Then, she walked into the wrestling room and asked Herrera if she could try out.
"Sweetie. If you commit, you will be part of this team," Herrera told her.
Micah initially had her mother's blessing to join the team — sort of. "She said yes because she didn't think I would last very long," she said.
But Micah kept with it, and when her mother saw no end in sight, she told her to quit. Wrestling isn't for girls. You're not athletic enough. Besides, the family needs you at home, her mother told her.
I wish they could have seen me wrestle. I just wish they could have shared my joy and been proud of me."
— Micah Nacpil
Micah crafted stories of after-school tutoring and field trips. She would sneak her gear to school, days before matches, to avoid any suspicion.
At first, she lost almost every match. Slowly, she started to pick up speed and endurance. And she began to dominate.
Micah weighed about 250 pounds before joining the team. A couple months later, she's down to 225. "I'm the heavyweight. I'm not thin like most of the other girls," she said. "But I'm as fit as they are."
As her skills and confidence grew, so did her guilt. She loved wrestling, but hated lying to her mom.
A match against a rival team would be the touchstone. If she won, she told herself, she would continue wrestling. If she lost, she would give it up. Maybe the sport wasn't for her. She'd obey her mother's wishes and quit.
She won, handily.
The first-ever Los Angeles City Section Girls Wrestling Championship began as a parade of Panorama champions.
First was Micah, who grappled on the floor with her opponent for a while before nimbly hopping over her and pinning her. A few minutes later, Coellet leaped into Herrera's arms after besting her opponent.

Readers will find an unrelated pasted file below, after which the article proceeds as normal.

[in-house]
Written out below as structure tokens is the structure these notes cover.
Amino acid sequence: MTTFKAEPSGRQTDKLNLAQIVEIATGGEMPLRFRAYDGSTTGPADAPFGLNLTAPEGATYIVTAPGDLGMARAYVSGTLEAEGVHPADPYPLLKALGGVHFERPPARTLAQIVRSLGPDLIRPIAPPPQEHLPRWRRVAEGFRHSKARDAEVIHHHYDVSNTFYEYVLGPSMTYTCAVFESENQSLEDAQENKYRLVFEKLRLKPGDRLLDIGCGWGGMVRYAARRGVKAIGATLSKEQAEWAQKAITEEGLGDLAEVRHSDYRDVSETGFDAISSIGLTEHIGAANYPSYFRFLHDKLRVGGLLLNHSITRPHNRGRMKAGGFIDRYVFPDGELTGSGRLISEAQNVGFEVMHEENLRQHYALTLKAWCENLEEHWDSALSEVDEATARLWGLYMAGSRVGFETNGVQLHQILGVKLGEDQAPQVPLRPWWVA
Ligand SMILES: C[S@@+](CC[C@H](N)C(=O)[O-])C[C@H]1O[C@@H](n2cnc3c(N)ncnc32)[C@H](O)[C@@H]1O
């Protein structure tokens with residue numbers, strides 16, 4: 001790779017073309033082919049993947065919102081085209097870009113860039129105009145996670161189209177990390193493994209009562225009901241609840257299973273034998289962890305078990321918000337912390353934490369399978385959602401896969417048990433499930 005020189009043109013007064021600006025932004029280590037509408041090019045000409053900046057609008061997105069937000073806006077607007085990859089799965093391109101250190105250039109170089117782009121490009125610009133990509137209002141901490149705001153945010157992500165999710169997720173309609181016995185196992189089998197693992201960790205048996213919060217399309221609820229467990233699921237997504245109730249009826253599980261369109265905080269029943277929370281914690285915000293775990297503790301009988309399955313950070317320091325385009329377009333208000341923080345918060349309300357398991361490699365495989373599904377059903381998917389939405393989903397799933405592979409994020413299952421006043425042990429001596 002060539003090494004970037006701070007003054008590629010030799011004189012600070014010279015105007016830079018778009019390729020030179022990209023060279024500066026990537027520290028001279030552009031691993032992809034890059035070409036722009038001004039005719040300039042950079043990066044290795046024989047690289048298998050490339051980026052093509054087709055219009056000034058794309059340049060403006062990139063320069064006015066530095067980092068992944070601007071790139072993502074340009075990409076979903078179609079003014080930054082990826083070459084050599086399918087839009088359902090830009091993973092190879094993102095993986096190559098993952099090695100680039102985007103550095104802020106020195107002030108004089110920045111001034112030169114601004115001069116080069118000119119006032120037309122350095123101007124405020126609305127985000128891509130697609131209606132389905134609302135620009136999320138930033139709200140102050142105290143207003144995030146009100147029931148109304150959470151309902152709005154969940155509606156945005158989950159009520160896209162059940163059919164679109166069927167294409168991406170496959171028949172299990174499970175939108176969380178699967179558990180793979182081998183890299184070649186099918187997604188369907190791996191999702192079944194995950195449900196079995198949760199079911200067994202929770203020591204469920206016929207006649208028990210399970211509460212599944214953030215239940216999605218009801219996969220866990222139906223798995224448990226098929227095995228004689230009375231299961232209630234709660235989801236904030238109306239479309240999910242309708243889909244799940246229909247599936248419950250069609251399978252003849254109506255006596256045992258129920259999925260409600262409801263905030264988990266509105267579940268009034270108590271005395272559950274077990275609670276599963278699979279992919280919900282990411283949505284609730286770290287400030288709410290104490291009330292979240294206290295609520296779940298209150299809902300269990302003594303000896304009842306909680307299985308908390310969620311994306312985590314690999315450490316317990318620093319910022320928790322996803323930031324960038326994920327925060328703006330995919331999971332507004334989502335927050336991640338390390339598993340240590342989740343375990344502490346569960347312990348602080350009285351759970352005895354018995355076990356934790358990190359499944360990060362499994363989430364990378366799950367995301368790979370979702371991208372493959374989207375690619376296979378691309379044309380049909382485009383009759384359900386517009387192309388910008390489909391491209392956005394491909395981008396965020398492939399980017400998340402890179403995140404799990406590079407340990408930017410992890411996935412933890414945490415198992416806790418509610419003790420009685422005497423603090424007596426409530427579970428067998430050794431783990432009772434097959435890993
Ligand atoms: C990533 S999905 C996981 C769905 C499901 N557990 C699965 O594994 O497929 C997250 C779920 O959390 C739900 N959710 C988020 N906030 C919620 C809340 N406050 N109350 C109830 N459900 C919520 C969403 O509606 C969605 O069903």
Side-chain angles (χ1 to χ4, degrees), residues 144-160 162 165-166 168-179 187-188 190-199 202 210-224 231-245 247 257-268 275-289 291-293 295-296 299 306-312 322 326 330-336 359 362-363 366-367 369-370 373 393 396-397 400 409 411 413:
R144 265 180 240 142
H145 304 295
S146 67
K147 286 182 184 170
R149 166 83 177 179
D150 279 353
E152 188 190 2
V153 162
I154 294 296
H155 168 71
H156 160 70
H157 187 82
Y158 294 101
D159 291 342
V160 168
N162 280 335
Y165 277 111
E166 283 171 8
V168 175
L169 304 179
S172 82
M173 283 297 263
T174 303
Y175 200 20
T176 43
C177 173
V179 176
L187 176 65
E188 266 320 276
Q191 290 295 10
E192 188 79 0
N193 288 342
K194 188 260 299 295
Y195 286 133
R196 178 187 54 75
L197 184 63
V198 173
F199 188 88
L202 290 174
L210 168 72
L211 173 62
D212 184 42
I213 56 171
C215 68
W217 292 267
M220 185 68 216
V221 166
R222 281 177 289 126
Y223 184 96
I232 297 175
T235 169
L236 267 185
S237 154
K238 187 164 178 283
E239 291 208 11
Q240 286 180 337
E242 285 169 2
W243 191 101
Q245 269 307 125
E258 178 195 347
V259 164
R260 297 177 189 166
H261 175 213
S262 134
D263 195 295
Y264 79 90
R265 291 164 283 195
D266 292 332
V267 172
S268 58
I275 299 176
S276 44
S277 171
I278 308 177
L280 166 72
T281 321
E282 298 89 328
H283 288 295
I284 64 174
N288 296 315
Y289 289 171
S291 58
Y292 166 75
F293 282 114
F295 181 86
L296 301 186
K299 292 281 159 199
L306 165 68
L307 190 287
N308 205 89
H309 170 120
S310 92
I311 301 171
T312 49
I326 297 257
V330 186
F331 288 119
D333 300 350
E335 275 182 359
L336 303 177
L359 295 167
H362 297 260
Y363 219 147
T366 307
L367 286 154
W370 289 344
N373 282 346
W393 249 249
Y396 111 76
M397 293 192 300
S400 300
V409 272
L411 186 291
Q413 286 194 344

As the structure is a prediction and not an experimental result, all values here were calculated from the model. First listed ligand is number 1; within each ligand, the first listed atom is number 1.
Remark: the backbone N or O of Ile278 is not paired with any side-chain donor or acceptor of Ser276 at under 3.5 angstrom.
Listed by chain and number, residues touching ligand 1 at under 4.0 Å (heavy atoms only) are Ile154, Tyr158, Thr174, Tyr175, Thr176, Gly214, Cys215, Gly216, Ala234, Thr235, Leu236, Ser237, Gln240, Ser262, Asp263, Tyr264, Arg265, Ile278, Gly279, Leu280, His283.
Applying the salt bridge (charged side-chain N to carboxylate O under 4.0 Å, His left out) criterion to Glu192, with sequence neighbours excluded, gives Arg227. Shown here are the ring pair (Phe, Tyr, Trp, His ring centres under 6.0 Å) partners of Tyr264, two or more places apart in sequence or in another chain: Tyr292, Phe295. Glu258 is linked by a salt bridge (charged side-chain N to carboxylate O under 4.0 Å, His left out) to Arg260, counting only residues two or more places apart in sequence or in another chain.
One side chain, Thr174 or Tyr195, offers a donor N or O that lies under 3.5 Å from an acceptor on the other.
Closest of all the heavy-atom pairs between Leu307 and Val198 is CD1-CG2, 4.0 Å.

As Coellet celebrated, Micah stepped wobbly atop the medal stand, her legs nearly giving out from nerves and exhaustion. She beamed bashfully.
Her eyes scanned the crowd. She looked for family she knew wasn't there.
"I wish they could have seen me wrestle," she said. "I just wish they could have shared my joy and been proud of me."
Instead, she gazed toward her teammates in the crowd — who chanted her name.
Minutes later, Kaylee Acuña, the 103-pounder, easily won her match as well.
Then things turned south. San Fernando High, which created its own girls' team after Panorama, began racking up wins. As the afternoon wore on, neither team knew who led in points.
After the last match of the day, officials huddled, tabulating scores. The wrestlers locked arms and, in a rare few moments of silence for 14 teenage girls, awaited their fate.
A voice boomed over a loudspeaker, "In second place, San Fernando..." The words took half a second to land, then the Panorama Pythons erupted in shrieks. The San Fernando team fell silent and tearful.
As the crowd began filing out, the champions began rolling up the mat where they had just earned their crown.
A few days later, Micah told her mother the truth. The city champion was promptly grounded.
The stories shaping California
Get up to speed with our Essential California newsletter, sent six days a week.
You may occasionally receive promotional content from the Los Angeles Times.